CD2#9), snare drum (CD1#1, CD2#3).
I was first exposed to jazz when I was tiny. My earliest memory is watching Ella Fitzgerald scat on a Christmas special when I was no older than four. Like many who are from tiny towns, my first extended exposure was listening to the high school jazz band when I was a kid
I was first exposed to jazz when I was tiny. My earliest memory is watching Ella Fitzgerald scat on a Christmas special when I was no older than four. Like many who are from tiny towns, my first extended exposure was listening to the high school jazz band when I was a kid. For some reason I remember an arrangement of Hey Jude they did. My first real exposure was Stan Kenton in the Smithville, MO high school gym. Kenton and the band director there were old friends, so he would play there from time to time. My dad took me without telling me where we were going and it was the only show he ever took me to. I remember that Bobby Shew played Send In Clowns and I damn near levitated I was so excited. The huge sound and amazing chords floored me. I believe I was 13 at the time. I immediately started practicing and taking lessons. Music became a passion and nearly a career. I also listened to Dick Wright's Jazz Show on KANU every night. I can't even start to explain what I learned lying in bed listening to Dick talk about jazz. I met him once when I was struggling to put together a solo for Joy Spring playing in a combo at KU. Stopped by his office and asked for recommendations. He showed up at my jazz ensemble rehearsal the next day with a tape with example solos. What a kind man Dick Wright was.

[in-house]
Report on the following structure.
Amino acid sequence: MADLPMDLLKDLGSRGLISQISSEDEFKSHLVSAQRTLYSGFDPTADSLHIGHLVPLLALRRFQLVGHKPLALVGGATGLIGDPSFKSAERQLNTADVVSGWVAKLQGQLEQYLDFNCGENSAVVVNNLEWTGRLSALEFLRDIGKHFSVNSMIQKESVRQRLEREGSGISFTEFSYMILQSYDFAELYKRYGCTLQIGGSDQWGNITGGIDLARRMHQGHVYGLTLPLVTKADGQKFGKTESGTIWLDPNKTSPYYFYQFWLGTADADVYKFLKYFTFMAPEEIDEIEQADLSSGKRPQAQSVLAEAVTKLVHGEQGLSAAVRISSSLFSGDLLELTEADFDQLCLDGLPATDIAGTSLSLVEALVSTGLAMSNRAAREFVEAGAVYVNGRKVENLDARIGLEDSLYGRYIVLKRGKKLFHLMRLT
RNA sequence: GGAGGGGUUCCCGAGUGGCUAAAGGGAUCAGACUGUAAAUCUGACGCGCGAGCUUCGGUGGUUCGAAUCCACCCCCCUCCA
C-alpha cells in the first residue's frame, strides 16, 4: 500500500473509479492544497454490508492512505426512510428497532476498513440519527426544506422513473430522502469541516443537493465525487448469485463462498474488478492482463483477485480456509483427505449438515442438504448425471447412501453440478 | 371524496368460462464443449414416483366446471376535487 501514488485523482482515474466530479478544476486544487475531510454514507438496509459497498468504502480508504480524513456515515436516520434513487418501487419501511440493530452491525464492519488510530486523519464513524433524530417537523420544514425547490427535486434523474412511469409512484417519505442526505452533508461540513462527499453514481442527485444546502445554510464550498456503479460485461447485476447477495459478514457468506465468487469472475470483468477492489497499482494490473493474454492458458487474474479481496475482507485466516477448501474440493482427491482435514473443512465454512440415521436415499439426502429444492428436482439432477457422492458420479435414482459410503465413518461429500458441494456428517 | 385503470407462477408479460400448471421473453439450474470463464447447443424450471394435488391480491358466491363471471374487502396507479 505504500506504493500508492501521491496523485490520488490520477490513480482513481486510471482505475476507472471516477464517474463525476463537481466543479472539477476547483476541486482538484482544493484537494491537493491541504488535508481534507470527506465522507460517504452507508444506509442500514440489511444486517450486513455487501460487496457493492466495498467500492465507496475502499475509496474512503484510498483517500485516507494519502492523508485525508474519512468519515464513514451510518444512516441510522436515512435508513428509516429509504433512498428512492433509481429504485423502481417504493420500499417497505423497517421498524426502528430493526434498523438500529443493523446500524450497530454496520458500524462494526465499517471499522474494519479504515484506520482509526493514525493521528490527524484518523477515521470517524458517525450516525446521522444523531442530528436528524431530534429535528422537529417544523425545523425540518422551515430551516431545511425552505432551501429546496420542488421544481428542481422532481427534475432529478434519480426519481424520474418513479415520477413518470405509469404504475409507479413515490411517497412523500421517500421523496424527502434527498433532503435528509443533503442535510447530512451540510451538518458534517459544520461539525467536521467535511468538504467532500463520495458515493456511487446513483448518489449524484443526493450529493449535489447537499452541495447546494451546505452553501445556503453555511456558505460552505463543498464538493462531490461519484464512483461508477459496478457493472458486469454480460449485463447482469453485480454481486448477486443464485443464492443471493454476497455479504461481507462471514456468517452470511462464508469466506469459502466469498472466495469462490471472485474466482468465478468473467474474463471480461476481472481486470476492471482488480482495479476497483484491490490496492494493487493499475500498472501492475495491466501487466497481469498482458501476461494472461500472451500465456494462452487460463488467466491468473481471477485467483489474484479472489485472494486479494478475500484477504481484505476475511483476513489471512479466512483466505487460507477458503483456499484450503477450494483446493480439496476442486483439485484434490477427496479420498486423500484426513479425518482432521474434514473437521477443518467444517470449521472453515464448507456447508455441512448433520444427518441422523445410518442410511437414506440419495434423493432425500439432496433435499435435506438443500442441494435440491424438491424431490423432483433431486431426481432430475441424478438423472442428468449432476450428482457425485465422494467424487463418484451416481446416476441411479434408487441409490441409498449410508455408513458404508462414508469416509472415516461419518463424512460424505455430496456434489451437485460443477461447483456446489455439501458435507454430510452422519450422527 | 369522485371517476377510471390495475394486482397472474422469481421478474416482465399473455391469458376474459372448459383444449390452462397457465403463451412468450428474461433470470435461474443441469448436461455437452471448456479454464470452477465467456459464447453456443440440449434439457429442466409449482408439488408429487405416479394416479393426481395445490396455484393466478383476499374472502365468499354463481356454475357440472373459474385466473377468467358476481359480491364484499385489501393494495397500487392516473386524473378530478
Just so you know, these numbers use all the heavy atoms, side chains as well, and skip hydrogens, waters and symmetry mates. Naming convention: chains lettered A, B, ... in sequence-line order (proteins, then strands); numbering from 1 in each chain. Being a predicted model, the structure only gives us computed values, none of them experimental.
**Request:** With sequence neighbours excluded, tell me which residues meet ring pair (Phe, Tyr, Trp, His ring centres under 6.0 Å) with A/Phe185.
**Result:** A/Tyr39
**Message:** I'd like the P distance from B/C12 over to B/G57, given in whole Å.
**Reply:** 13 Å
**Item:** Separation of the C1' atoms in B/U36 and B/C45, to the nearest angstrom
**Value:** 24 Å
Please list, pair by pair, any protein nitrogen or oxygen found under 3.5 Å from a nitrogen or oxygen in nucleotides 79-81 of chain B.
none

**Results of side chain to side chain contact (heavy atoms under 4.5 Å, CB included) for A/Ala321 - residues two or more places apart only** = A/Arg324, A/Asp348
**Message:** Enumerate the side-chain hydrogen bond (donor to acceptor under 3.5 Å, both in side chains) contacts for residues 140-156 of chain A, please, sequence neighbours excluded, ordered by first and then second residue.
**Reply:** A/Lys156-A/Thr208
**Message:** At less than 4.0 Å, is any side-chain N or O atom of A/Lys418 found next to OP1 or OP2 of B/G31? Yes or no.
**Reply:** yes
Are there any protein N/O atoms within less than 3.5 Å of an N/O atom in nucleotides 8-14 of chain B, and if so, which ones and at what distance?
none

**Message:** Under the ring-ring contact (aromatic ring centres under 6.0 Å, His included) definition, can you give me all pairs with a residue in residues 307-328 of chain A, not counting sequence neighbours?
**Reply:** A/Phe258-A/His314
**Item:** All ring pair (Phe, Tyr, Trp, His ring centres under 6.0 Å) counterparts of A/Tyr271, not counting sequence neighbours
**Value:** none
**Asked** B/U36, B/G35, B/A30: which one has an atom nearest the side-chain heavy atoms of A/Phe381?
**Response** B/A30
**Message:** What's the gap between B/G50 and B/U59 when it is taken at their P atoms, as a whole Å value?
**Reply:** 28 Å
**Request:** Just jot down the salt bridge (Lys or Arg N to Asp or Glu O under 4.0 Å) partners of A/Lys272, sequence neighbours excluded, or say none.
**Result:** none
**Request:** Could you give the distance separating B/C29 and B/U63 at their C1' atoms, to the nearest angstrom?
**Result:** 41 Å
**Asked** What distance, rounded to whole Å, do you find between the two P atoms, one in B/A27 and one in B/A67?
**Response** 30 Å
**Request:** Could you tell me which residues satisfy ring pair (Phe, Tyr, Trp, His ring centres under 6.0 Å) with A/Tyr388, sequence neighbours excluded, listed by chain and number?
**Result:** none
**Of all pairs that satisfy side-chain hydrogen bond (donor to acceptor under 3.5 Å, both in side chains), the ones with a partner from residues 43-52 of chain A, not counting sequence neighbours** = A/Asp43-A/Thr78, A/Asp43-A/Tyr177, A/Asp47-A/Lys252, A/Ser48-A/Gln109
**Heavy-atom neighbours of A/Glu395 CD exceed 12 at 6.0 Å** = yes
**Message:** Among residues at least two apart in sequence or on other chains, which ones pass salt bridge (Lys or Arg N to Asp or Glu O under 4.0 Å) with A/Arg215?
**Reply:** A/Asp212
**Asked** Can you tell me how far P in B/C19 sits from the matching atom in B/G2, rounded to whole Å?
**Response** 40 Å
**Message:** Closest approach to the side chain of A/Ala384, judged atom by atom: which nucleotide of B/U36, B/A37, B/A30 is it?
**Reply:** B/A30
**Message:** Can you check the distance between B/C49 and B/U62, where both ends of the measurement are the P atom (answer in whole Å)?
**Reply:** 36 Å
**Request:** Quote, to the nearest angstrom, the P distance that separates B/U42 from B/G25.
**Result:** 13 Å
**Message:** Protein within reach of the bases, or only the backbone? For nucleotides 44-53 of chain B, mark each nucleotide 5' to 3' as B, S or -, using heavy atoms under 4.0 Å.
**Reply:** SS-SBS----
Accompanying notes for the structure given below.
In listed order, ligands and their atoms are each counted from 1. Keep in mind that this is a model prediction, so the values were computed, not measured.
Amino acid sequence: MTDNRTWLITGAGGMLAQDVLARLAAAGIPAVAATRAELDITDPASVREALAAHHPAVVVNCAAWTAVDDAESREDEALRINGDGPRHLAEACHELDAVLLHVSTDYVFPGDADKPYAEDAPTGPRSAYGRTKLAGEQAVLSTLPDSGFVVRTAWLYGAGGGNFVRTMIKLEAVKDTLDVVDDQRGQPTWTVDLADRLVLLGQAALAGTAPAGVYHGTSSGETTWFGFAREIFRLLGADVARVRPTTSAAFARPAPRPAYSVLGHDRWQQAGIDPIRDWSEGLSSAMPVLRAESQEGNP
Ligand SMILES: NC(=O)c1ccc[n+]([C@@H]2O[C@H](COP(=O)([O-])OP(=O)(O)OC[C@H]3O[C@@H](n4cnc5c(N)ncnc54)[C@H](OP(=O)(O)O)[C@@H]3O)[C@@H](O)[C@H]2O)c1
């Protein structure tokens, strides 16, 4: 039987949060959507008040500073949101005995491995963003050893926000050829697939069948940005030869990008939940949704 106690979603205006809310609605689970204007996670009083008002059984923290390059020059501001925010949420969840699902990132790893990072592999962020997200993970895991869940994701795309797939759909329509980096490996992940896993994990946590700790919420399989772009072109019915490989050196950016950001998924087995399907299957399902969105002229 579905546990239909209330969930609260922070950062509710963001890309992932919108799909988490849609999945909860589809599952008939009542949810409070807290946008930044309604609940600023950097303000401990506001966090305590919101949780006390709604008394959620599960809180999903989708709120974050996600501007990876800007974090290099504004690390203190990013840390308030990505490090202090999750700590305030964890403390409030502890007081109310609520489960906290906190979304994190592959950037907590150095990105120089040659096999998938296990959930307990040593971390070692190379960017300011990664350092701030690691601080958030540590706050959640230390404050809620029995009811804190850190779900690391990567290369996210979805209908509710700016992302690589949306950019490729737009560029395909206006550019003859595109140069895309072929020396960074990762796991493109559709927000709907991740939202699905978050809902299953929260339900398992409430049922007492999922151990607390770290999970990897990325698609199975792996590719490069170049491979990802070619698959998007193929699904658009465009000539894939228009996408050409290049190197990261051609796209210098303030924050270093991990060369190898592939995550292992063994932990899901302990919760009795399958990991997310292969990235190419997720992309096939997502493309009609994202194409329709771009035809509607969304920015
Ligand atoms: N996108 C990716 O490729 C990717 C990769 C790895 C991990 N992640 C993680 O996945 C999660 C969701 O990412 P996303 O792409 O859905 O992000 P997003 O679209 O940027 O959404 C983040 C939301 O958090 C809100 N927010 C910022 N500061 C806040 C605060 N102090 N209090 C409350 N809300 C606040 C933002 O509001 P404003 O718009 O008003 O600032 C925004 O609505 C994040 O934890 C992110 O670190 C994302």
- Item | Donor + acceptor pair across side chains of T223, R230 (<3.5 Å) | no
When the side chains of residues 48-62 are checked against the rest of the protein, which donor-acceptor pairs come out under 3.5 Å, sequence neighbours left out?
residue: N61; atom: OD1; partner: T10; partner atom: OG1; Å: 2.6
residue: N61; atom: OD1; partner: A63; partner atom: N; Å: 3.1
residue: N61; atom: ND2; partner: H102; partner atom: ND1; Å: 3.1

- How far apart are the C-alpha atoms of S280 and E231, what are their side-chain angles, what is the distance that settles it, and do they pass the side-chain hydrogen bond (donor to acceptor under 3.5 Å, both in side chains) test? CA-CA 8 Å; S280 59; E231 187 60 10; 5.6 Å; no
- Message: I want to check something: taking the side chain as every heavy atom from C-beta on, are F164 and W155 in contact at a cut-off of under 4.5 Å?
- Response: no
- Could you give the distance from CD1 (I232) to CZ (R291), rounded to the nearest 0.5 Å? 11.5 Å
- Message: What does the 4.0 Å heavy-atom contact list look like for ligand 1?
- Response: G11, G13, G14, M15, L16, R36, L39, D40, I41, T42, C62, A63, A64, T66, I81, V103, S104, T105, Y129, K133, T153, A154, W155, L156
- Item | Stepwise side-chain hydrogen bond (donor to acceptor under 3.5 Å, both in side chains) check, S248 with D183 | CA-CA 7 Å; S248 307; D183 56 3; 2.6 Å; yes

My advice to new listeners is to stop worrying about what music is important and focus on music you like. I spent quite a bit of my music life listening to important music I didn't necessarily like. Must say I have quite a bit more fun now listening to music that I deeply enjoy. Some of it is even important.